Janus

Definition from Wiktionary, the free dictionary
Jump to: navigation, search

English[edit]

Wikipedia has an article on:

Wikipedia

Wikipedia has an article on:

Wikipedia

Etymology[edit]

From Latin Iānus.

Pronunciation[edit]

  • enPR: ˈjā.nəs IPA(key): /ˈdʒeɪnəs/
  • Hyphenation: Ja‧nus

Proper noun[edit]

Janus

  1. (Roman mythology) The god of gates and doorways; having two faces looking in opposite directions.
    • 1789, Edward Gibbon, The History of the Decline and Fall of the Roman Empire, Volume 5, 1805, page 166,
      But the brazen temple of Janus was left standing in the forum; of a size sufficient only to contain the statue of the god, five cubits height, of a human form, but with two faces, directed to the east and west.
    • 1818, Susan Edmonstoune Ferrier, Marriage, Chapter V,
      "I'll tell you what we can do," cried her persevering patroness; "we can go as masks, and Lady Juliana shall know nothing about it. That will save the scandal of an open revolt or a tiresome dispute. Half the company will be masked; so, if you keep your own secret, nobody will find it out. Come, what characters shall we choose?"
      "That of Janus, I think, would be the most suitable for me," said Mary.
    • 1905, Livy, Canon Roberts (translator), From the Founding of the City, Book 1: The Earliest Legends,
      Thinking that the ferocity of his subjects might be mitigated by the disuse of arms, he built the temple of Janus at the foot of the Aventine as an index of peace and war, to signify when it was open that the State was under arms, and when it was shut that all the surrounding nations were at peace.
    • 2008, John Lowe, "Laughin' up a World: Their Eyes Were Watching God and the (Wo)Man of Words", in Harold Bloom (editor), Interpretations: Zora Neale Hurston's Their Eyes Were Watching God, page 75,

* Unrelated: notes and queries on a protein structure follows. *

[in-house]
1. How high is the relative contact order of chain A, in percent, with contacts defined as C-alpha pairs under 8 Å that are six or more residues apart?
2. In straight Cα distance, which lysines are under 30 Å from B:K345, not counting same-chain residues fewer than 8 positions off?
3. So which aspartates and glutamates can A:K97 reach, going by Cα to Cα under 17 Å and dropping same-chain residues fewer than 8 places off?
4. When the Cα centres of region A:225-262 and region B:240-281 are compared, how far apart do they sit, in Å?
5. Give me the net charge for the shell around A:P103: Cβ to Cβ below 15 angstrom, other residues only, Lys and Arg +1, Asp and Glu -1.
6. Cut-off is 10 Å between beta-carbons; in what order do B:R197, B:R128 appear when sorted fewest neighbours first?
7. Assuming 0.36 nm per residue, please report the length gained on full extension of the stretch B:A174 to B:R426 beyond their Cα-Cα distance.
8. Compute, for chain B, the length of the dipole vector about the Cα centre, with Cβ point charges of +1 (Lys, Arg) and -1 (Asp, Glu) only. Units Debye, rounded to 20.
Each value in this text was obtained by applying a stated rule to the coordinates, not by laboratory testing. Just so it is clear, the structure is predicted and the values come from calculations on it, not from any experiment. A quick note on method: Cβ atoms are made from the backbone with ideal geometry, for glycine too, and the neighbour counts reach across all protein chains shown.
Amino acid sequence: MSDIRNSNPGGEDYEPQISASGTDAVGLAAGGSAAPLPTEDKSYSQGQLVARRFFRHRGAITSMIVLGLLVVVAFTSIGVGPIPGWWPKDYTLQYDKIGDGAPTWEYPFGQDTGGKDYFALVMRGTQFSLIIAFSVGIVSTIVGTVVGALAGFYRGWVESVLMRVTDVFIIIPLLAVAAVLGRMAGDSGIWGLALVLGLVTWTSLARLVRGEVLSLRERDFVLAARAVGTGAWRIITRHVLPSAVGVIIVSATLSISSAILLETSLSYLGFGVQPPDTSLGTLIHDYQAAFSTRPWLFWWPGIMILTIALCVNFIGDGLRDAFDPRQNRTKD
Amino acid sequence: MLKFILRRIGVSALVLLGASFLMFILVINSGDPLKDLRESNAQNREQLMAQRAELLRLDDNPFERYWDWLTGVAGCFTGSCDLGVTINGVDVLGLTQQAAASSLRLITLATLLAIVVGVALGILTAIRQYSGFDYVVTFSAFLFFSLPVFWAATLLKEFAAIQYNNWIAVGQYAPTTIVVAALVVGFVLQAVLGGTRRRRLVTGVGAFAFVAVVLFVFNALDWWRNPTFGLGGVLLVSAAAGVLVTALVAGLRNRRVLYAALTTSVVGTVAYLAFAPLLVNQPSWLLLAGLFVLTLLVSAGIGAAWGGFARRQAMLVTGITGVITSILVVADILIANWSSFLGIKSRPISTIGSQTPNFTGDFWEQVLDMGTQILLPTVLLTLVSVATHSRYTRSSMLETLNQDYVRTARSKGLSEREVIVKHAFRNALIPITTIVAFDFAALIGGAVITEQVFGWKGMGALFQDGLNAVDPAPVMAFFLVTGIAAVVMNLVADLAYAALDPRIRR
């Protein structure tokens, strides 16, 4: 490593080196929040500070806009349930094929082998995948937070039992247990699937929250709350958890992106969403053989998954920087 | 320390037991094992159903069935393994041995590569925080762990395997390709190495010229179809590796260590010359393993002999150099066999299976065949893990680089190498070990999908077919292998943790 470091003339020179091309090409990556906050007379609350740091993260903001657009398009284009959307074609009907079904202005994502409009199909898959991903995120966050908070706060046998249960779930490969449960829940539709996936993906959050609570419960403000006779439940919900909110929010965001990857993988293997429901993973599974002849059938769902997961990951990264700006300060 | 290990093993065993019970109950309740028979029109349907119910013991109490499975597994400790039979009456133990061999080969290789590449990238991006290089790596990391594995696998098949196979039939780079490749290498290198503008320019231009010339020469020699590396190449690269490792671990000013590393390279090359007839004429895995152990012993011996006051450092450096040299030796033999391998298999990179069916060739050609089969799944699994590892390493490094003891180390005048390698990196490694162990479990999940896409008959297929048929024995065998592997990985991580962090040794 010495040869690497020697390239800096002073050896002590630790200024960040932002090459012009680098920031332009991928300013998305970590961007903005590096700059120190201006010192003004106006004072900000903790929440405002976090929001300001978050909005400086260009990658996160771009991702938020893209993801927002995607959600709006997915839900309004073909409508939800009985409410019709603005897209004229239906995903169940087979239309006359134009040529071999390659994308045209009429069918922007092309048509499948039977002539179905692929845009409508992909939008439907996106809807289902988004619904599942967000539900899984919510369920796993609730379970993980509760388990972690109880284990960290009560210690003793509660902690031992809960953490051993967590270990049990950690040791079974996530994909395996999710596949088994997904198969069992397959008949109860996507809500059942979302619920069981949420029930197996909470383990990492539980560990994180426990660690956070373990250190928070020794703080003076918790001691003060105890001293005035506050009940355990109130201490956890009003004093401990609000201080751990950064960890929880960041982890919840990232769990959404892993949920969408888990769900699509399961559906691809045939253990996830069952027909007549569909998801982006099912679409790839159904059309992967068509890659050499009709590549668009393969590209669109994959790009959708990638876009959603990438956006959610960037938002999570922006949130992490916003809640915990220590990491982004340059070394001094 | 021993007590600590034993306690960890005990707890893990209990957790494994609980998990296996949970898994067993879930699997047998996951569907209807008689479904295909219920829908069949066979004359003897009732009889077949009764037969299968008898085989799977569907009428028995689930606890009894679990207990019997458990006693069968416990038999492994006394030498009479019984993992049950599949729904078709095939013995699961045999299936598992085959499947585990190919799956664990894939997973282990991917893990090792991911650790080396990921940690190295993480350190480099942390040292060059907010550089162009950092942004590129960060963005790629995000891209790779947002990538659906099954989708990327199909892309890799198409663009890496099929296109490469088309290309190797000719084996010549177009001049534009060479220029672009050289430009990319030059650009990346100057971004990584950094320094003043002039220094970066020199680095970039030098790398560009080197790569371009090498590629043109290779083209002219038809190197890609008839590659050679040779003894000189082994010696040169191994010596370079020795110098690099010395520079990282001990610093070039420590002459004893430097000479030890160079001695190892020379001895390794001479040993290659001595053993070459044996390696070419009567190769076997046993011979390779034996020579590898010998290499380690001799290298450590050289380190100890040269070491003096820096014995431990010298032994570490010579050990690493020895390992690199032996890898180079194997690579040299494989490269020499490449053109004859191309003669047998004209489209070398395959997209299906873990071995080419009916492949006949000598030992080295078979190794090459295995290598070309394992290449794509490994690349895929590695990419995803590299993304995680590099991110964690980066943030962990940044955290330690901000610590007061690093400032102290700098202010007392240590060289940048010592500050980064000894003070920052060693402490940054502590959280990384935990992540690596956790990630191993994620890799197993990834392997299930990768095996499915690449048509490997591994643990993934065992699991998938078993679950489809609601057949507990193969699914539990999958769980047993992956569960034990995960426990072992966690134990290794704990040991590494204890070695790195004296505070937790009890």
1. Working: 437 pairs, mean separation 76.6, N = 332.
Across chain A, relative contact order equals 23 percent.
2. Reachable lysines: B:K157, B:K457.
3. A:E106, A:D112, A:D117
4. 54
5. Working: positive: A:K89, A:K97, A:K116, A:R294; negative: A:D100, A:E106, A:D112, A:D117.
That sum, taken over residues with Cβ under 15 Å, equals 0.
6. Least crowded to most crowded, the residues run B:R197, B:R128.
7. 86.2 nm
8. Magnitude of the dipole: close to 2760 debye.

Janus, with his two heads, his mystery, his depiction as both laughing and serious, and the obvious parallel this forms with the masks of attic tragedy and comedy would make him a double of the two-headed man, the conjurer, and an associate of the trickster in folk comedy as well.
  2. A two-faced person, a hypocrite.
  3. (astronomy) A moon of Saturn.

Usage notes[edit]

The temple of Janus was traditionally open only during time of war. Hence, for example:

  • The present occupants of the Treasury Bench are determined that so long as they retain their places the Temple of Janus shall not be closed.1879 February 27, A. M. Sullivan, On the Zulu War (speech before the UK House of Commons).

Translations[edit]

Derived terms[edit]


Danish[edit]

Etymology[edit]

From Latin Iānus. Has been used as a Latinization of the Danish given name Jens.

Proper noun[edit]

Janus

  1. A male given name.
  2. (Roman mythology) Janus
  3. (astronomy) Janus

Estonian[edit]

Proper noun[edit]

Janus

  1. (Roman mythology) Janus

Faroese[edit]

Proper noun[edit]

Janus m

  1. A male given name, compare Danish Jens.

Usage notes[edit]

Patronymics

  • son of Janus: Janussson or Janusarson
  • daughter of Janus: Janusdóttir or Janusardóttir

Declension[edit]

Singular
Indefinite
Nominative Janus
Accusative Janus
Dative Janusi
Genitive Janusar